- Review Date: 09/18/2012
- Bottom line: The Dell Inspiron 13z is a stylish looking ultraportable, but its strong performance and hardware are marred by clumsy port covers and extra software.
- Pros: Stylish design. Intel Core i5-3317u processor.
- Cons: Irritating port covers. Lots of bloatware.
The Dell Inspiron 13z is a stylish looking ultraportable, with a clear design identity and reasonable price. Though not quite an ultrabook thanks to a few unchecked boxes on Intel's specification list—it's a tad too thick, and it lacks the flash cache needed for speedy boot times—it's still a decent portable performer. We just wish that Dell didn't bog down an otherwise stylish design with needless port covers and unwanted software.
The Inspiron 13z features a two-tone color scheme, with a dark grey lid and palmrest surrounded with a band of silvery-white aluminum. Built into the palmrest, and sharing the same brushed metal surface, is a multitouch trackpad with separate right and left mouse buttons. In our hands-on testing the trackpad was smooth and responsive, and worked whether mousing with one finger or performing gestures such as two-finger scrolling or pinch-zooming. The full-size keyboard features chiclet-style keys with rounded corners, and aside from arrow-buttons that have been shrunken down to half-size, the keyboard has a standard layout.
The Inspiron 13z has a 13.3-inch 1,366-by-768 resolution display, which is the common resolution in this size, and offers a high enough resolution to enjoy videos at 720p or to tile windows side-by-side for multitasking. While the display isn't necessarily amazing, the accompanying speakers are pretty good, with speakers from SkullCandy, and software enhancement with WaveMaxx 4.0. It doesn't match the HP Envy 4-1043cl, with its Beats Audio, but it's still satisfying.
While not an ultrabook—it lacks the speedy flash memory cache needed to meet Intel's specifications—the dimensions of the are pretty similar to those of the Lenovo IdeaPad U310, measuring 0.82 by 13.7 by 9.05 inches (HWD) and weighing 3.81 pounds, as contrasted to the Lenovo's 3.75-pound weight.
The Inspiron 13z is equipped with one USB 3.0 port with PowerShare, two USB 2.0 ports, an Ethernet port, and HDMI output, a combination headphone and microphone jack, and a built-in card reader (SD, MMC, MS/Pro). Dell hides all of these ports behind plastic port covers, which can be a pain to open and often get in the way when trying to plug in peripherals. While we may appreciate the functional protective port covers on Dell's rugged laptops, they're far from functional on the Inspiron 13z, and may be more trouble than they are worth if you regularly plug in peripherals or headphones. There is no optical drive, so you may want to pick up an external optical drive if you want to enjoy DVDs or burn files to disk. The Dell Inspiron 13z is also outfitted with 802.11n Wi-Fi, Bluetooth 4.0, and a 500GB 5,400rpm hard drive.
Dell includes plenty of software on the Inspiron 13z, some of which you may want to simply remove, like desktop links to Ebay, preinstalled programs like a Bing toolbar, Blio and Zinio readers, and a selection of games from WildTangent. You'll also find Microsoft Office Starter 2010, a 30-day trial of McAfee Security Center, Nero and Skype. Dell throws in a number of proprietary offerings, like Dell's media programs MusicStage, PhotoStage, VideoStage and StageRemote. Dell also covers the Inspiron 13z with a one-year warranty.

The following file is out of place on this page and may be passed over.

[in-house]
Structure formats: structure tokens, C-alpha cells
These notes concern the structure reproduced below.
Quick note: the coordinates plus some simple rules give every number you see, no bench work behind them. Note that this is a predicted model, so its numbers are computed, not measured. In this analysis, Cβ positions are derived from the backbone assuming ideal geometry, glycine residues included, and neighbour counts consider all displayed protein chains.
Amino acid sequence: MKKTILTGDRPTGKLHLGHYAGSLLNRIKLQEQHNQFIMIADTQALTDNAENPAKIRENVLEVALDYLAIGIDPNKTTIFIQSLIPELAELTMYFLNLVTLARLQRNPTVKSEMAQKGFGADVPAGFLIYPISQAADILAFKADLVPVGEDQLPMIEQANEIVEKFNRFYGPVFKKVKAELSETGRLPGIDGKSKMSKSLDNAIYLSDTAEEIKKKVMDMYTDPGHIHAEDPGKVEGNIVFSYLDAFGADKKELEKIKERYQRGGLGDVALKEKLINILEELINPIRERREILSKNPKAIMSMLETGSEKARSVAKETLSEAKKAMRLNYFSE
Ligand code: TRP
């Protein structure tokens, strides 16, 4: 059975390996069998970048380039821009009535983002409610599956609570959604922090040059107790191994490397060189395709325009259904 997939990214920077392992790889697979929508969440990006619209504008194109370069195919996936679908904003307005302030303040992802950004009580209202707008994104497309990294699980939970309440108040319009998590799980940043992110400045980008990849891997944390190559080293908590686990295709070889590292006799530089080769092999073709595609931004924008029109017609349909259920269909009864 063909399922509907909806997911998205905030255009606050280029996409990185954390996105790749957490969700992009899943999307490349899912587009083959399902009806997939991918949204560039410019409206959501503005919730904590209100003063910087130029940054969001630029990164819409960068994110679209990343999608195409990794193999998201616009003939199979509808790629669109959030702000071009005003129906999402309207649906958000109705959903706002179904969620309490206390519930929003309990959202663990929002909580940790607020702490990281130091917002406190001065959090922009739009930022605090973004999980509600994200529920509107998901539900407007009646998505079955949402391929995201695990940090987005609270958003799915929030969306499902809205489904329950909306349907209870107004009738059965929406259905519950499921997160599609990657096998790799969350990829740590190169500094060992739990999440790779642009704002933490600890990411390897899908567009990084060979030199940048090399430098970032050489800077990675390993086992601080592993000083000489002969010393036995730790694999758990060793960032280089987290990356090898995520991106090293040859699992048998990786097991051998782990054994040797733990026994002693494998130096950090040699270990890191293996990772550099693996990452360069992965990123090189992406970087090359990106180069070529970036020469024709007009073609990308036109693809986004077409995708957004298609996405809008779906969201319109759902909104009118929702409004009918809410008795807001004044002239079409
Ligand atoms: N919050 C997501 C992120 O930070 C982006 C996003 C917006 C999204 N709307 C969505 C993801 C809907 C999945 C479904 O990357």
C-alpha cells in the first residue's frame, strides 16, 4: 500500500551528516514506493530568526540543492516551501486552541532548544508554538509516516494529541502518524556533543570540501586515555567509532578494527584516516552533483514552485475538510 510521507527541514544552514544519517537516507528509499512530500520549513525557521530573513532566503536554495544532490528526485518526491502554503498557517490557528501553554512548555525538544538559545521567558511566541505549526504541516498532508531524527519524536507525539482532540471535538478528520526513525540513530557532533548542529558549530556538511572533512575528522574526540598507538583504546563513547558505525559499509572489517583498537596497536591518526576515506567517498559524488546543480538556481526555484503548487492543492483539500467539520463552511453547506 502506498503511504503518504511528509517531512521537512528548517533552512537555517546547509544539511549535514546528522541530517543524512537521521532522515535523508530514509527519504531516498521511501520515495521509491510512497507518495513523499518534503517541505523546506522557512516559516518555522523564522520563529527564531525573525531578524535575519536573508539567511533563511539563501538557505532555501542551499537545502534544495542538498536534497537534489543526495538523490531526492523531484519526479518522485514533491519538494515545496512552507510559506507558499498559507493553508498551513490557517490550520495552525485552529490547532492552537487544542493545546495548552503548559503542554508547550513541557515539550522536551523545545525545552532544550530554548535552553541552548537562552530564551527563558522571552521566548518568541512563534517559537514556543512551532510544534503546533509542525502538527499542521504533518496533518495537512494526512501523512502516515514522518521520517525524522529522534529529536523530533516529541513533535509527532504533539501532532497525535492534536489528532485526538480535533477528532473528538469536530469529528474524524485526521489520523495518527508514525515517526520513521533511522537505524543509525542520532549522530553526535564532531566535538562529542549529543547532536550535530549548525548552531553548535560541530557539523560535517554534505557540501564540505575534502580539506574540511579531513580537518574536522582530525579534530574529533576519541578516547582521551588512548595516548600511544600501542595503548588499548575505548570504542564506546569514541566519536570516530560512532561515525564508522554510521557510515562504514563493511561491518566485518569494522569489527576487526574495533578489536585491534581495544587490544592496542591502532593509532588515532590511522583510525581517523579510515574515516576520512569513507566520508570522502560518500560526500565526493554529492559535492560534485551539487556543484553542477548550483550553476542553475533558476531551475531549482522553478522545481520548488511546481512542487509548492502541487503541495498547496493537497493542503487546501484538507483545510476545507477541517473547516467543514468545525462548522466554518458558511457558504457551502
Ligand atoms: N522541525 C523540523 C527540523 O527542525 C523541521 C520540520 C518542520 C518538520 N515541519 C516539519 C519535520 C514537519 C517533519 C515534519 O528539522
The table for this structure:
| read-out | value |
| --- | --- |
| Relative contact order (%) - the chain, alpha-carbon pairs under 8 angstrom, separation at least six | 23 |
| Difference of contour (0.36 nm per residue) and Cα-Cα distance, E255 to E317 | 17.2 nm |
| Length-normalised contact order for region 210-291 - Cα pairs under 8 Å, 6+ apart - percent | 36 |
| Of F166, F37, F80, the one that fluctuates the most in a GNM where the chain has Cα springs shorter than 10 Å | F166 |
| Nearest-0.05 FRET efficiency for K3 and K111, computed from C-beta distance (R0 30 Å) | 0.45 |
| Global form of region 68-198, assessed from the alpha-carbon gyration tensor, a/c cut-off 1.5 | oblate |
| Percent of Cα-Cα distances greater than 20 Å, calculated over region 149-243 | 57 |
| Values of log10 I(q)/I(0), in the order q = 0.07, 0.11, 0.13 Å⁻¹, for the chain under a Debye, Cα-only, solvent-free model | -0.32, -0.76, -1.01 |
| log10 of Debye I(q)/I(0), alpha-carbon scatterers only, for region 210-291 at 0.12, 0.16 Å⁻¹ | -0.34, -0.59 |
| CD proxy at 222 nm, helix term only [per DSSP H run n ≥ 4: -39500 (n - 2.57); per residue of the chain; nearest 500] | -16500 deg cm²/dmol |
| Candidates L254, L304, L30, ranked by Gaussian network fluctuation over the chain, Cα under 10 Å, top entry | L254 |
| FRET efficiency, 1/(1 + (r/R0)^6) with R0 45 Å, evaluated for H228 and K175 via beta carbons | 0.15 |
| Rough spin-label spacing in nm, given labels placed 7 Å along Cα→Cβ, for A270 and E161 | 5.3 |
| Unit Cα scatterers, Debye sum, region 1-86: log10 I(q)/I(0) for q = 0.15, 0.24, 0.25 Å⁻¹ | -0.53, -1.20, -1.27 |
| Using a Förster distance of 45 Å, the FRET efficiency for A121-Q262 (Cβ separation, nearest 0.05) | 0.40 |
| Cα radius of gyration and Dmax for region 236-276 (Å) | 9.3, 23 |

The Inspiron 13z is equipped with the same ultra-low voltage 1.7GHz Intel Core i5-3317U processor seen in both the Lenovo IdeaPad U310 and the HP Envy 4-1043cl, paired with 6GB of RAM. Scoring 2,457 points in PCMark 7, the Inspiron pulled ahead of the ultraportable Editors' Choice Toshiba Portege R835-P88 (2,313 points), but fell behind both the Lenovo U310 (3,570) and the HP Envy 4-1043cl (3,962) despite the fact that all but the Toshiba are using the same model processor. Thanks to their common hardware, CineBench scores were nearly identical between the Inspiron 13z (2.39 points), the HP Envy 4 (2.38) and the Lenovo U310 (2.39), as were scores in Handbrake and Photoshop. For light video and photo editing, the Dell Inspiron 13z provides decent performance.
Because the Inspiron 13z relies on Intel's integrated graphics processing, most gaming is off the table. Though the Inspiron 13z did score 5,721 points and 3,164 points in 3D Mark 2006 (at 1,024-by-768 and 1,366-by-768 resolution, respectively), the thin laptop only produced 20 frames per second in Crysis at medium resolution, and was unable to run it at higher resolution, or run Lost Planet 2 at all.
While we were unable to run our usual battery-life benchmark test, MobileMark 2007, we did perform a video rundown test. With video being played continuously, the Dell Inspiron 13z's 49Wh battery lasted 5 hours and 5 minutes. We can't make a direct comparison to the results of our MobileMark test run on other systems, but with most scores ranging from 6 to 10 hours, it is safe to say that the Inspiron 13z will get you through most of a day, but not all of it.
The Dell Inspiron 13z is an affordable and able ultraportable, but some users will be irritated by the port covers that get in the way more often than not. The hardware puts it alongside some fine ultrabooks and ultraportables, but unlike the Editors' Choice Toshiba Portege R835-P88, which also offers extras like WiDi and an optical drive, the Inspiron 13z falls just a bit short of expectations.
This review is in partnership with PCMag.com.